Great post. It has been good for us to take some pride in our educated clergy, since the boomers fled to the non-denoms. But I wonder if it’s even true. I mean, we have 40% of our churches that are small and many are calling Commissioned Lay Pastors. With so many CLPs, how can we claim an educated clergy?

  14. John,

    “I hope these new evangelicals aren’t that! : )”

    Me too.

    That’s a scary story, and reminds me why people are so suspicious of me. Maybe with all of our tensions, it’s not possible for us to be hospitable. But… I hope we can find a way.

  15. Pastors Carol and John,

    I am myself one of those young boys from the island-of-misfit evangelicals who came into the Mainline. I won’t lie and say that all things about the Mainline are comfortable to me; but I will say, that I came in eyes wide open and I am here to be a Christian with you, not “reform” you. Though, I might add, per my age group, I am compelled to dialogue about religious matters, and that means honest discussion where we might disagree.

    Many of us attempted to “reform” our original denomination(s) before making the journey and have no desire to do so again.

  16. More good comments.

    A couple more thoughts:

    * I have never had to deal with exams by COMs and a CPM like Tribal and some some of you have. I deal mostly with a lot of church members who are “refugeees.” That may account for some differnces in experience.

    * The intellectual eltism/arrogance that some of you reference was actaully a great attraction to older refugees. (That and the drinking if we are really being honest)

    * Pam: Your comments about the “us and them” rhetoric turning off younger folks are helpful. Guilty as charged.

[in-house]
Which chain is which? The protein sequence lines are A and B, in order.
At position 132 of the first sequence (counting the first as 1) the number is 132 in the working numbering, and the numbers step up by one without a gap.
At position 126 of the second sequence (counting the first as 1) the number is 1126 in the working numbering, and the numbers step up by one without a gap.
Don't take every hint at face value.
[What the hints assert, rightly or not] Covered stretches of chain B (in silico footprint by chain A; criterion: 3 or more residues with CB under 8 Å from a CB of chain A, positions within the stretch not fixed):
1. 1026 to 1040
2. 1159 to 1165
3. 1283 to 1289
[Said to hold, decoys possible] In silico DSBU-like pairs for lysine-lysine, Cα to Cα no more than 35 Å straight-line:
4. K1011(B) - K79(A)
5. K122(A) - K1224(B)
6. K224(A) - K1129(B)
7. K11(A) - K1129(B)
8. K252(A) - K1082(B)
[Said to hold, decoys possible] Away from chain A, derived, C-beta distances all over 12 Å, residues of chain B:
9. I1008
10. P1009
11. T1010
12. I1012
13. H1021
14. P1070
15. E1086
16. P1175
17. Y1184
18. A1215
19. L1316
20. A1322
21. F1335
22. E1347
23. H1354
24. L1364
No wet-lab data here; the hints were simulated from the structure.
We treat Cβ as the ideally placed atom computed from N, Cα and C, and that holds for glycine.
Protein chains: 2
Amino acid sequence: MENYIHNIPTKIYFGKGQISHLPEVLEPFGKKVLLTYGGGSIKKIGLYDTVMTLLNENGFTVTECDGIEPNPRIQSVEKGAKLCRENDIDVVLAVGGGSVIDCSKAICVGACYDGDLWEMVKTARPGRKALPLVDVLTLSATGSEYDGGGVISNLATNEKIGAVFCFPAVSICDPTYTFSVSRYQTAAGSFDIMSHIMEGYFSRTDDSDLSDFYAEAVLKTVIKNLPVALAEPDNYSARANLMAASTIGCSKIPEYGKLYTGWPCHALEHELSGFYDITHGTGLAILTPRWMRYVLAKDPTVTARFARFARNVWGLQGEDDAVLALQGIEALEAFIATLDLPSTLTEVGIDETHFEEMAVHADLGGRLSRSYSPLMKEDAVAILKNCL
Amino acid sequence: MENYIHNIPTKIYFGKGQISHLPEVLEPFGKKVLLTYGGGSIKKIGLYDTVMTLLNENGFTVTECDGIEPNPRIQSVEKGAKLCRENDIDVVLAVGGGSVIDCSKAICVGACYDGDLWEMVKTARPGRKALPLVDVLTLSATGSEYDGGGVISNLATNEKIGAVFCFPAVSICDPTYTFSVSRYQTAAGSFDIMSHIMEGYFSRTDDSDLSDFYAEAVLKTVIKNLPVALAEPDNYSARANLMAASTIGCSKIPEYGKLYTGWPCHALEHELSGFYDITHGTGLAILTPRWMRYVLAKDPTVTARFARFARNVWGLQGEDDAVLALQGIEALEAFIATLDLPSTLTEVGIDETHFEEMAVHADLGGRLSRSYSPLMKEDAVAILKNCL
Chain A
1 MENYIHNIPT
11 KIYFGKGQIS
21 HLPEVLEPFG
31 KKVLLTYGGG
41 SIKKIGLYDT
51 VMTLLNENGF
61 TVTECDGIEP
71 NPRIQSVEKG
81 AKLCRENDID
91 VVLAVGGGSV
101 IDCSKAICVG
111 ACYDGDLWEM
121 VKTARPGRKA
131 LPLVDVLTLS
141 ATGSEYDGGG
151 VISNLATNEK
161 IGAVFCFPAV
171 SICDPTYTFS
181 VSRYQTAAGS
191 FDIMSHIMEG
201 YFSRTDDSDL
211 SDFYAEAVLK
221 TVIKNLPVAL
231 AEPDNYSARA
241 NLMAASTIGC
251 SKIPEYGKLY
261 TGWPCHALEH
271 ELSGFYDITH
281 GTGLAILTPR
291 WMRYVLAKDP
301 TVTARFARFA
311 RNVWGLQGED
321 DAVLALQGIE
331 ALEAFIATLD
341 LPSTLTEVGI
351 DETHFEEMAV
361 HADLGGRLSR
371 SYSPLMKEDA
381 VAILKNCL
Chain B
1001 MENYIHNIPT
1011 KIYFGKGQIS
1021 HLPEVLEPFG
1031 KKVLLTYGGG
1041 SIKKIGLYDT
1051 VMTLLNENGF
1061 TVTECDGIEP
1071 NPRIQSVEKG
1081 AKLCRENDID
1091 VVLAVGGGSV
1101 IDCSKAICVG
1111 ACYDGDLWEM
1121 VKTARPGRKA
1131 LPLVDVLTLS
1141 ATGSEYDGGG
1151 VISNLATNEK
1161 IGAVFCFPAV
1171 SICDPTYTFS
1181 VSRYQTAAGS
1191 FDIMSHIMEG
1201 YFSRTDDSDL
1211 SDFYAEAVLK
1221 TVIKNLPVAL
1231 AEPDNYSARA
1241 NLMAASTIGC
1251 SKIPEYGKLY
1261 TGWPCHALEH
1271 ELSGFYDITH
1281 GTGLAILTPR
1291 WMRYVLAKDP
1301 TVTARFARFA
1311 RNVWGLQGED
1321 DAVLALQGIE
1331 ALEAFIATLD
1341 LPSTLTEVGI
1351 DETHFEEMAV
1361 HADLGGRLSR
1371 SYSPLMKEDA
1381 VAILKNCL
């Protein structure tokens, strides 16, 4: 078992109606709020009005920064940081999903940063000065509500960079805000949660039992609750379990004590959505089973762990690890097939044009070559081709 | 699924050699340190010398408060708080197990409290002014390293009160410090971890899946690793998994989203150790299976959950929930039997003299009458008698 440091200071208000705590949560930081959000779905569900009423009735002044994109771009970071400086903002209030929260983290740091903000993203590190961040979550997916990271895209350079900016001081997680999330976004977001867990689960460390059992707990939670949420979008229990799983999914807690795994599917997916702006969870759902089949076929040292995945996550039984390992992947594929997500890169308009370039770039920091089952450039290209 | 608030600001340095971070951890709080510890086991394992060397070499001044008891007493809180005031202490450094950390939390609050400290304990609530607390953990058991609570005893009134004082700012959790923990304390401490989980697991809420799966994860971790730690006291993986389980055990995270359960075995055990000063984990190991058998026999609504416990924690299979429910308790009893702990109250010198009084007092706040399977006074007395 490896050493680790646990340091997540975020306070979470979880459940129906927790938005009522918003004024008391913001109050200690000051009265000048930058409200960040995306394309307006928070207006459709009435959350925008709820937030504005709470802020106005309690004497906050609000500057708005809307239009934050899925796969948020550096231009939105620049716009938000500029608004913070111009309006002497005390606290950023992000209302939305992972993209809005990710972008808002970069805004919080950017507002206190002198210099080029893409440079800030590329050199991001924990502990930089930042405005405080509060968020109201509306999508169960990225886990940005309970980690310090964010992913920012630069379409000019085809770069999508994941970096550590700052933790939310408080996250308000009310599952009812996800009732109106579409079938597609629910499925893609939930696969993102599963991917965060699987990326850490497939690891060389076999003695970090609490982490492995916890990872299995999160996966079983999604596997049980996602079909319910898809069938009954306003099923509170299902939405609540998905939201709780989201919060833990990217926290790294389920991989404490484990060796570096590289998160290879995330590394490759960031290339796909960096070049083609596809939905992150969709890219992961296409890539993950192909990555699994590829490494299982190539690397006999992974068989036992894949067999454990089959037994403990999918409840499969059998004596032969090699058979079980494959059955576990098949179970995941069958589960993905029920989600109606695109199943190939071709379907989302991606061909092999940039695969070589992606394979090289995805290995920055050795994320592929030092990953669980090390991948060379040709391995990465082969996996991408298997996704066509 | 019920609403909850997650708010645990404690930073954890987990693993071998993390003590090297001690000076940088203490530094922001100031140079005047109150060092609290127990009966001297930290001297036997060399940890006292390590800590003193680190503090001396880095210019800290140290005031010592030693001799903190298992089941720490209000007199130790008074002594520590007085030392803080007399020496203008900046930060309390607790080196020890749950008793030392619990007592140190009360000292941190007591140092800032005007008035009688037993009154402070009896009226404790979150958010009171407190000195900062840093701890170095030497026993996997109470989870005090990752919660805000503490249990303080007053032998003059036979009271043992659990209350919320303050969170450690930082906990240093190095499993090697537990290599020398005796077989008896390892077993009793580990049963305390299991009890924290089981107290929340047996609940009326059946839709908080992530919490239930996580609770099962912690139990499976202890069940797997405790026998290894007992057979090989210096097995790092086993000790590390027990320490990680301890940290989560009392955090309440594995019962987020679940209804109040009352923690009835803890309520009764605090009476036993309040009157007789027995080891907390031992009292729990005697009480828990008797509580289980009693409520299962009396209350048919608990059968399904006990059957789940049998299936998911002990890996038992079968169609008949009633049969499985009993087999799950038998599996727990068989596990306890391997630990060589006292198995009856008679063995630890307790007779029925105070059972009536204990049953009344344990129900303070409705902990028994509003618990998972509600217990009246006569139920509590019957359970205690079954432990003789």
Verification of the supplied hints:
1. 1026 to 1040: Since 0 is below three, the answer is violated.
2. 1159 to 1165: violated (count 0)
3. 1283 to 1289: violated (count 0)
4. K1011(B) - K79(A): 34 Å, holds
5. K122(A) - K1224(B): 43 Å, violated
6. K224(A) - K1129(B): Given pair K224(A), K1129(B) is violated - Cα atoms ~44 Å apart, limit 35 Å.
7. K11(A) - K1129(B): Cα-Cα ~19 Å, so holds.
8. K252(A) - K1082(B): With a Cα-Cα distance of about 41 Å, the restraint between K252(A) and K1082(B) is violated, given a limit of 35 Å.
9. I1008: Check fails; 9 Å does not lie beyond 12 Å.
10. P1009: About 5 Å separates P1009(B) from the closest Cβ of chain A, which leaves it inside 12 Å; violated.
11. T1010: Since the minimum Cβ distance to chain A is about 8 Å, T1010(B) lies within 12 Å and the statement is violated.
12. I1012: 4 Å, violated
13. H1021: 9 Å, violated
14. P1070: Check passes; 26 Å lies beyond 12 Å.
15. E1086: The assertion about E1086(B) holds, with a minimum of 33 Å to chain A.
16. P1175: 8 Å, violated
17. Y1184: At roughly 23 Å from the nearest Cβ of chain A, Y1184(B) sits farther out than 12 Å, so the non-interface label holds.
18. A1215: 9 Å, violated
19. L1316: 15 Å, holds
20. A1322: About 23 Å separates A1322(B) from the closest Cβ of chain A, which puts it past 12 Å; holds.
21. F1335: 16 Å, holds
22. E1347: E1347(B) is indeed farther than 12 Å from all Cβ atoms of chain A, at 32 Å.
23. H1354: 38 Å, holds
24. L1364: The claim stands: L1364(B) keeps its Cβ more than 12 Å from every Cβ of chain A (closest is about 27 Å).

* That said the lines between groups were much more distinct 30 years ago. There were no Rob Bells back then.

  17. Carol, thanks for this thought-provoking post. Here’s a thought that it provoked in me: this would be a far more accurate analysis if every time you wrote “mainline” or “my denomination,” you instead wrote “liberal churches.” I say this both from experience and from numbers: for the last 16 years I’ve been in PCUSA churches, but never…not even once…have I ever heard anyone say any of the things you attribute to “your denomination.” The reason is obvious: I suspect you run in rather liberal circles of the denomination. There’s nothing wrong with that, but it’s important to recognize that at least in 2005, only 19% of PCUSA members self-identified as “very liberal/liberal.” On the other hand, 41% claimed to be “very conservative/conservative” My point: there are thousands of PCUSA churches who don’t need to learn to accept evangelical-types; they already accept them.

    So, is this Presbyterian-elitism something that is far more common in liberal churches? This post, and the comments, lead me to think so. Maybe this is not simply a “pernicious habit of the mainline,” as you suggest. Maybe it’s not the whole mainline that is so elitist. My experience and these numbers indicate to me that the denomination as a whole is not nearly as off put by evangelicalism as your experience might lead you to believe.

    My blog-comments sometimes have a way of communicating a harsh tone I don’t intend…sorry if this one does, I don’t mean it to!

  18. Carol,